Screens of Carbon and Yttrium, and Screening for Silver

What's Hot in July/August 2011

by John Emsley

There are no indium mines on this planet, and yet indium tin oxide (ITO) is needed for solar cells, flat panel displays, and touch sensors. ITO combines three essential features: it is transparent, it conducts electricity, and it sticks to glass. However, its cost is rising as demand increases while supplies are limited.

Graphite is not so limited, of course, but it has only one of ITO’s benefits: it conducts electricity. Otherwise it is black, weak, and lacks stickability; indeed, it is used as lubricant. Transforming these unwanted features into a transparent material that can act as an electrode has motivated a great deal of research into graphite chemistry—witness the predominance of graphene papers in the current Hot Ten.

Among these is a new one at #10. Reporting the collective work of 16 scientists based at various institutions in Korea, Singapore, and Japan, the paper reveals a method of mass producing 30-inch wide (76 cm) graphene films and how these can be used to make a flexible touch-screen device built from transparent plastic.

The team, led by Byung Hee Hong of Sungkyunkwan University, Suwon, Korea, developed a multi-stage process. The first step was to grow a single-layer graphene film on a copper support inside a quartz tube. There it was heated under vacuum at 1,000 °C and then exposed to methane and hydrogen gases at a controlled rate, and these generated the film of graphene on its surface.
This was then transferred from the copper substrate to a layer of polymer support, referred to as "thermal release tape," by pressing the two together between rollers as in newspaper printing. The copper layer was next dissolved away electrochemically using a solution of sodium persulfate.

Touch screen, image from the Wiki Commons.
A touch screen, from the Wiki Commons.

Finally the graphene was transferred from the tape to the target substrate, which was a sheet of polyethylene terephthalate (PET), by passing the two through another pair of heated rollers at 120 °C. The resulting product met the requirements of strong adhesion, transparency, and conductivity, and it was tested as a touch-screen panel and shown to be remarkably robust despite being bendable.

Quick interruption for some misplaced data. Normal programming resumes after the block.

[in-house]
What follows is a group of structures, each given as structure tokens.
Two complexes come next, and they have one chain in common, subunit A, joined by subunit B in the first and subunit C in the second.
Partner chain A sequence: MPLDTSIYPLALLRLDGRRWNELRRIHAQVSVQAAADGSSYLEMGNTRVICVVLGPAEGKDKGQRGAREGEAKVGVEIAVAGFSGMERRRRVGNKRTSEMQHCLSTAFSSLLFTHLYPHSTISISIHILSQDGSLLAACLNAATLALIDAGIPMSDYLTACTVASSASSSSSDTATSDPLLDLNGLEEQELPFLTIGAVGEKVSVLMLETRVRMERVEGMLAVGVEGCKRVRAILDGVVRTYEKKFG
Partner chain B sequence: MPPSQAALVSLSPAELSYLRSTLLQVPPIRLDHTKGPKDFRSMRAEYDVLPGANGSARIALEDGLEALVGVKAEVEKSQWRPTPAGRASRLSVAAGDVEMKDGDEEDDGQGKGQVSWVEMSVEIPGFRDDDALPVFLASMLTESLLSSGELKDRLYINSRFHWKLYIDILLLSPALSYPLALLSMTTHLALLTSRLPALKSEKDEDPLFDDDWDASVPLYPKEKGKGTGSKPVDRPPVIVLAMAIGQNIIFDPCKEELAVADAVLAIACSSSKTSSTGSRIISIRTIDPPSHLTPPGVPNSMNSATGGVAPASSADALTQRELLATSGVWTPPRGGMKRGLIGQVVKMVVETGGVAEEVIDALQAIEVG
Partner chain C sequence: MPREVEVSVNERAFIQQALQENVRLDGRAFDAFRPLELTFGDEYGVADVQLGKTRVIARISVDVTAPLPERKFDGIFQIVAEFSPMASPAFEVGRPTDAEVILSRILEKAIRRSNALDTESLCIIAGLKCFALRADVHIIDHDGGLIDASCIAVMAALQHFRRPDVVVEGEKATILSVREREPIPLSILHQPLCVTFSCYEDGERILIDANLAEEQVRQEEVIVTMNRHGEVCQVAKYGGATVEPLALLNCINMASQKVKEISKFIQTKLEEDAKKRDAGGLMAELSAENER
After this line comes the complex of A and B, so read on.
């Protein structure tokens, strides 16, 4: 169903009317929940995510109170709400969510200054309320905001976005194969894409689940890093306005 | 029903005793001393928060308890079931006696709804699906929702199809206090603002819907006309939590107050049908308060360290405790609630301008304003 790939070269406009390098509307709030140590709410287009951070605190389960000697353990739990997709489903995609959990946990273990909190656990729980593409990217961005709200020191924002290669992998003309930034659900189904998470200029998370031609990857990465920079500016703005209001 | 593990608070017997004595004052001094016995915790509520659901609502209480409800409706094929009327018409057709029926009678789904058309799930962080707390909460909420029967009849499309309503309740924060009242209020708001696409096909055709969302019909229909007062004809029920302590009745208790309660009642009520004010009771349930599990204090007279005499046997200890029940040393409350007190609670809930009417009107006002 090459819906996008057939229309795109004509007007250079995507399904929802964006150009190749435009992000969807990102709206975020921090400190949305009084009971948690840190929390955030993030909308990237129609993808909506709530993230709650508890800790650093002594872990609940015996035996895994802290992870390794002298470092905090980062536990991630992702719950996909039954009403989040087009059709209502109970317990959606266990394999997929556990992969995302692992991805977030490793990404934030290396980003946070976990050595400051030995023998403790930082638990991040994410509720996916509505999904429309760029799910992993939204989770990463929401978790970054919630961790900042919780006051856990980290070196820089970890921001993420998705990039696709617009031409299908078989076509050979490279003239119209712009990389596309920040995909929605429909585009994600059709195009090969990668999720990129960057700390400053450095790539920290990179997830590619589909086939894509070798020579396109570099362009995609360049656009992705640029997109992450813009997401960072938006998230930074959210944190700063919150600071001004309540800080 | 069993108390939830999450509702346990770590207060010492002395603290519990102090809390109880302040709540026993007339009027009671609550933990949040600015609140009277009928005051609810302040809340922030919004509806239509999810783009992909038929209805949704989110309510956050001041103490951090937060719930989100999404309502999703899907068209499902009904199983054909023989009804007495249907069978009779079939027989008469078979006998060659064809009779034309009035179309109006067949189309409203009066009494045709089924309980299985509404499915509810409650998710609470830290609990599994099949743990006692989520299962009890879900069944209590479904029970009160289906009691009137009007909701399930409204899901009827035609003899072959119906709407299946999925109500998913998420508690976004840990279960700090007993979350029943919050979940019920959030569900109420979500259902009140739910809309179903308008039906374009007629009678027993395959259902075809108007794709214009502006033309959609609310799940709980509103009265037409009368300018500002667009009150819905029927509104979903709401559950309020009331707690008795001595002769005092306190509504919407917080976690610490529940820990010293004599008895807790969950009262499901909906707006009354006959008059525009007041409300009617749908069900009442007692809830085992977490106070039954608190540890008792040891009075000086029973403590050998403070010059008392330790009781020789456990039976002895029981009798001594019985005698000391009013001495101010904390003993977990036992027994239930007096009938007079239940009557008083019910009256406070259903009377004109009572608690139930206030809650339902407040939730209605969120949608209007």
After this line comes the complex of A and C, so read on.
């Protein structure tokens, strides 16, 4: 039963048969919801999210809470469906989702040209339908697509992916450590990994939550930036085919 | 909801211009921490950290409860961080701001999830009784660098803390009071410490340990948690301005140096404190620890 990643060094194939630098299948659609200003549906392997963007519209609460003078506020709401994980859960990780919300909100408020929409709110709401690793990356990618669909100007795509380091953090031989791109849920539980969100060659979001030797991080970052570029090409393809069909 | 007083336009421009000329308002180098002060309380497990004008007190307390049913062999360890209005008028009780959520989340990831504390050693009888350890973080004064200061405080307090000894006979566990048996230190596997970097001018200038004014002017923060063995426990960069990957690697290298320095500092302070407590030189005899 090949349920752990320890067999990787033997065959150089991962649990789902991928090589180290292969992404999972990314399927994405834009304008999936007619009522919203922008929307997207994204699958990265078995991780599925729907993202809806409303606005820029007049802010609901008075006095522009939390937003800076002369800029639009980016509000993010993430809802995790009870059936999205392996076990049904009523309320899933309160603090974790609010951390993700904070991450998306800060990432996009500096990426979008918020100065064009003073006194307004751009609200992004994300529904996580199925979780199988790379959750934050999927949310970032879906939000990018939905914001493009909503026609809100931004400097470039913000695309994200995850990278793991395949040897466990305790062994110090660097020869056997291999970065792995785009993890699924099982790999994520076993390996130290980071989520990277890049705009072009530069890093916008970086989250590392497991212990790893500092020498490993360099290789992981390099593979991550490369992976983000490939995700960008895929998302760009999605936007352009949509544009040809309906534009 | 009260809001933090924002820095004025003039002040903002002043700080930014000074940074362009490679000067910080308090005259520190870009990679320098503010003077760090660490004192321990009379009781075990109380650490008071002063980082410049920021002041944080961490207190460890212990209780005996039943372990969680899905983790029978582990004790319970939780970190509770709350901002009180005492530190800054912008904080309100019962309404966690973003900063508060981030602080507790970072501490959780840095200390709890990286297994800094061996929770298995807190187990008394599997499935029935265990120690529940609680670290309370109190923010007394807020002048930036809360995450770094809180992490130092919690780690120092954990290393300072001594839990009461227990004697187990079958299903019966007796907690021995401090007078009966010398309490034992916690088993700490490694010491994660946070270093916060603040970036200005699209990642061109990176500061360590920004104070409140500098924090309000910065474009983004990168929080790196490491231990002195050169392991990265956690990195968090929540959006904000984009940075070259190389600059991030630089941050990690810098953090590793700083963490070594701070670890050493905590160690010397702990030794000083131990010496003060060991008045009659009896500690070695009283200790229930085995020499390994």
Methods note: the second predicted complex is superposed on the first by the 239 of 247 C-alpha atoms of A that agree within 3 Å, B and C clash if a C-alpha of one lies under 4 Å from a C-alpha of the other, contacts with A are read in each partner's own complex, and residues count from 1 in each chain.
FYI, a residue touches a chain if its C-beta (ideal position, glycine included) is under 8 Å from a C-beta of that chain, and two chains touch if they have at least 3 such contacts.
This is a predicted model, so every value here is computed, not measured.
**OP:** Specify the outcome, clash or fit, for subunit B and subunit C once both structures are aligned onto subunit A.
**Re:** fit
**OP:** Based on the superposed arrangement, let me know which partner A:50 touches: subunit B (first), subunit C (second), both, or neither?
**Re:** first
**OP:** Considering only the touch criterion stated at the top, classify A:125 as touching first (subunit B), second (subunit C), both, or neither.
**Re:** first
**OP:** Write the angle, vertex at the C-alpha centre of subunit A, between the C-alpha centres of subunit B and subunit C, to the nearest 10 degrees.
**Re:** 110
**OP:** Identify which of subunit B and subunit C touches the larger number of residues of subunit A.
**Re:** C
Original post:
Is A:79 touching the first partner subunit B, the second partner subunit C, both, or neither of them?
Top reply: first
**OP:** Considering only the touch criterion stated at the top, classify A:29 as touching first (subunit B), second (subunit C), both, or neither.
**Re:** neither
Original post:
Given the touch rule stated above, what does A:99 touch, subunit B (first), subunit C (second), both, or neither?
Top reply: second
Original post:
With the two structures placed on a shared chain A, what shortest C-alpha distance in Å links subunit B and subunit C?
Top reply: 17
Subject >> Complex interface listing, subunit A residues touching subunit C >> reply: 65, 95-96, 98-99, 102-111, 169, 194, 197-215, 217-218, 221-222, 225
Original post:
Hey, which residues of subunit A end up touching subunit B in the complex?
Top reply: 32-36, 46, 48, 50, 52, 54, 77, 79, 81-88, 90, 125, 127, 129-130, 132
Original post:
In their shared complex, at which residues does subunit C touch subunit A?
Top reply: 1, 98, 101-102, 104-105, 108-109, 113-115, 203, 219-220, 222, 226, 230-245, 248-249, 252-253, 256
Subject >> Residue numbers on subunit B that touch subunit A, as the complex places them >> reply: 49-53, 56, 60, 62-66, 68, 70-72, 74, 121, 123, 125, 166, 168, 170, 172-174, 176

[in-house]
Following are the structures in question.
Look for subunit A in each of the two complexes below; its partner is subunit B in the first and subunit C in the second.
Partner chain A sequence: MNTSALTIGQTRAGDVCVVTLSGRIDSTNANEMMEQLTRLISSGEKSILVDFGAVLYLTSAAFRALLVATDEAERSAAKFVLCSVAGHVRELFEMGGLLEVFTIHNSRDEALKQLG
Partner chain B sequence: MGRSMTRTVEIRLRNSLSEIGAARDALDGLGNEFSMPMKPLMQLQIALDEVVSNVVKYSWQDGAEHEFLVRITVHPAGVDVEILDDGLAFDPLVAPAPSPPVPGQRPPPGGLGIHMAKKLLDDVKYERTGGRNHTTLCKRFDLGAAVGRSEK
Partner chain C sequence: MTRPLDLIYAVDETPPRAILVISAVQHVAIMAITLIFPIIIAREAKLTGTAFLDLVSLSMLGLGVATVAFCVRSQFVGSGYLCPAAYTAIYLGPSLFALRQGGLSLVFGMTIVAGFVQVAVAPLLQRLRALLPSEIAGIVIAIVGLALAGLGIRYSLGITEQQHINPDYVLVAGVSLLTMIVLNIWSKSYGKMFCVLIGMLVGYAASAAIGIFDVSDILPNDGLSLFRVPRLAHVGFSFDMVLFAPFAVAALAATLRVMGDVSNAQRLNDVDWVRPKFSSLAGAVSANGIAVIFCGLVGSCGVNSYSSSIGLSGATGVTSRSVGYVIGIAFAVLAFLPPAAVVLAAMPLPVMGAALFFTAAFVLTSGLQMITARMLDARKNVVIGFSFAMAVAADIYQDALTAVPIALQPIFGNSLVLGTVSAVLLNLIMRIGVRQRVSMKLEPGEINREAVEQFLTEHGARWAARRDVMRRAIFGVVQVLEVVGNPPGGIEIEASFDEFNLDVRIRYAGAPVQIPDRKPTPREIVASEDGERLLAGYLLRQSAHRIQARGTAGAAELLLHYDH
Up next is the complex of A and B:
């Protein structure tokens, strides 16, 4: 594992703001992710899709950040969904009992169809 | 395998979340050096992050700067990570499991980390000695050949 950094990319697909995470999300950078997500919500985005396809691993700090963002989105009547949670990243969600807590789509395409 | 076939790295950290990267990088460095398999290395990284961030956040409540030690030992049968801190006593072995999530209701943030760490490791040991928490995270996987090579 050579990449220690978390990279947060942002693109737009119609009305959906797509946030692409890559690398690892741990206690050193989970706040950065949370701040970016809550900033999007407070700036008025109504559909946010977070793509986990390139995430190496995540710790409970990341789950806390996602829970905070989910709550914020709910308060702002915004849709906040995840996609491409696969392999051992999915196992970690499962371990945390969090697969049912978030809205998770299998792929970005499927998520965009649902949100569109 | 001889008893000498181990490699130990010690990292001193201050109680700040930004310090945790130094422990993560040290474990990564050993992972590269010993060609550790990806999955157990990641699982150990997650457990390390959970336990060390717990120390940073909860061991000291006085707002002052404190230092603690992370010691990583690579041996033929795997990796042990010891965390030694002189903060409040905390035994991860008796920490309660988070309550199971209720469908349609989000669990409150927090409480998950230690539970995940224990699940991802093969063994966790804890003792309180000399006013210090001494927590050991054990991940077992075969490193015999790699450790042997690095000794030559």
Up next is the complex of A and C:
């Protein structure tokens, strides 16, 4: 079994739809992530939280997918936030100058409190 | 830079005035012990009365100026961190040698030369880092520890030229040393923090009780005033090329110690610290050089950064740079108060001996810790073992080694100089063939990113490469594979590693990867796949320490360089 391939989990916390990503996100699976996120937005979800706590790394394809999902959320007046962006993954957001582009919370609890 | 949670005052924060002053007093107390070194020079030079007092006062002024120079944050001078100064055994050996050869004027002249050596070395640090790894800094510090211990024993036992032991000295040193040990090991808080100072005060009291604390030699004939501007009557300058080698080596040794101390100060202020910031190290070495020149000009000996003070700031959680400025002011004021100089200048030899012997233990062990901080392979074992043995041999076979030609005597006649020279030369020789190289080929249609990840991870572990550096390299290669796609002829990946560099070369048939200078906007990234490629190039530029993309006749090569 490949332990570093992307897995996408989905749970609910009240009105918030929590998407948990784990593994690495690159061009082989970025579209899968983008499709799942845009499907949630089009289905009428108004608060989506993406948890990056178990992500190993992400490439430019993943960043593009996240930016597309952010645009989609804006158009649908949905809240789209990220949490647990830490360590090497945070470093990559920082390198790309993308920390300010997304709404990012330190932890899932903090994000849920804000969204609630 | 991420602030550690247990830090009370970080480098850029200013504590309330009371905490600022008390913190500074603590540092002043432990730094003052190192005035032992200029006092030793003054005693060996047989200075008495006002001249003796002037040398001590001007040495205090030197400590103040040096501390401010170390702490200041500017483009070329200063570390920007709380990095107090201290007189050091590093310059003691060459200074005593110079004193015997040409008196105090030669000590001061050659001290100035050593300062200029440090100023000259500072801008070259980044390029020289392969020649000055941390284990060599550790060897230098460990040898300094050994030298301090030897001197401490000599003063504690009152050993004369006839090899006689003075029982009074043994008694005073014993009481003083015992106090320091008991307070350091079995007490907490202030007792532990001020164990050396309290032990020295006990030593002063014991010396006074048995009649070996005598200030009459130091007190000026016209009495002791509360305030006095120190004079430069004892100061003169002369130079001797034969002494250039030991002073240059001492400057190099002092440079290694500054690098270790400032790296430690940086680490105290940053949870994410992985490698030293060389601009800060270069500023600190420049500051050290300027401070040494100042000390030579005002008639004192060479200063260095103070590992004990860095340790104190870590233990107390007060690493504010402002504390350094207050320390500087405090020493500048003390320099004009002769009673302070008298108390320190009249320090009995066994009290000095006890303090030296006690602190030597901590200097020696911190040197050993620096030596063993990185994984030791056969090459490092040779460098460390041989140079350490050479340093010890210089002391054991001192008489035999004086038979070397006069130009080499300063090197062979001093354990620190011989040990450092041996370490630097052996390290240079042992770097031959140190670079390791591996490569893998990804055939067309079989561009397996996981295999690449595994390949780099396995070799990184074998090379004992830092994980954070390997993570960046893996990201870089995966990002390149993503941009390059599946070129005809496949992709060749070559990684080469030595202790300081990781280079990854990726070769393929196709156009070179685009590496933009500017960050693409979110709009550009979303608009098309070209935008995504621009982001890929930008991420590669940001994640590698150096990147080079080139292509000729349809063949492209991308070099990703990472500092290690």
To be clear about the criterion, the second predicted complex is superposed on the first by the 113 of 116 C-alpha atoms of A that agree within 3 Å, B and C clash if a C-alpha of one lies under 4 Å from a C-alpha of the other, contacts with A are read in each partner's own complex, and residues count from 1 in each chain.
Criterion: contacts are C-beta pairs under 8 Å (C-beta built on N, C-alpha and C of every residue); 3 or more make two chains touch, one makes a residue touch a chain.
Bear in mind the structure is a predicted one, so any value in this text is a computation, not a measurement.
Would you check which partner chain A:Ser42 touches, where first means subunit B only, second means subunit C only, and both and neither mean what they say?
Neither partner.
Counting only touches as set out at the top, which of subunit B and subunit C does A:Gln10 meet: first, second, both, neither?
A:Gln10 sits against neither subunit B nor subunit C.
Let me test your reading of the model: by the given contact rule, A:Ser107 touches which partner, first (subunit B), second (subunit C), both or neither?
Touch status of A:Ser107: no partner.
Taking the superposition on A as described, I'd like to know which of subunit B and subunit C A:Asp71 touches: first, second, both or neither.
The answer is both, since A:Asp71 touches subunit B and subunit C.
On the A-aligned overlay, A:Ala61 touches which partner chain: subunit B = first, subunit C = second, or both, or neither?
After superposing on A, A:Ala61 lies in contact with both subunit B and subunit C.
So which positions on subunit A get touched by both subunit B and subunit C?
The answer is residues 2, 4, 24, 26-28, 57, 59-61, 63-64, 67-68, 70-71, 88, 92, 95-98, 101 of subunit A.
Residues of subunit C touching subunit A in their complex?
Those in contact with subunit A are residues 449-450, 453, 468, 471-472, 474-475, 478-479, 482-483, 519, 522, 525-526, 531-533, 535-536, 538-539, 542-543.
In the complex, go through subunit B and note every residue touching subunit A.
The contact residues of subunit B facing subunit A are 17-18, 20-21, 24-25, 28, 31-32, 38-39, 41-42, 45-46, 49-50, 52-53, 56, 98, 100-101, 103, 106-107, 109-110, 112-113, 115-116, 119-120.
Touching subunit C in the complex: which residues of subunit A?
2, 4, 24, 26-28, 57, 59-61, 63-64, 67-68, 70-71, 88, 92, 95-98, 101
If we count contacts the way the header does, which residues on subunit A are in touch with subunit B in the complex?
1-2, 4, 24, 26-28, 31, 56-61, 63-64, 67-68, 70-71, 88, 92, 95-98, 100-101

Below the Hot Ten list are two papers devoted to other aspects of chemistry. At #14 is a paper from a group led by Xiaogang Liu, National University of Singapore (F. Wang, et al., Nature, 463[7284]: 1061-5, 2010; 15 citations this period, 43 total.) This paper reports a method of fine tuning sodium yttrium fluoride (NaYF4) crystals with the lanthanide elements ytterbium and erbium, and thereby controlling exactly their size, crystal form, and color emission. The resulting materials are seen as having potential applications, especially for magnetic resonance imaging.

Another paper devoted to tiny particles is at #16; this also originates from the National University of Singapore (P.V. AshaRani, et al., ACS Nano, 3[2]: 279-90, 2009; 13 citations this period, 87 total). The paper—the work of a team led by Suresh Valiyaveettil—reports on the toxicity of silver nanoparticles (a.k.a. Ag-np) in human cells. It has long been known that silver is a powerful anti-microbial agent, and silver-containing materials are used in hospitals for wound dressings and catheters. The element is now being added to household products, and there are even socks and underclothes for athletes that contain silver in the form of embedded Ag-np. But is Ag-np safe? That was the issue addressed by Valiyaveettil. The answer, given in #16, appears to be less than reassuring.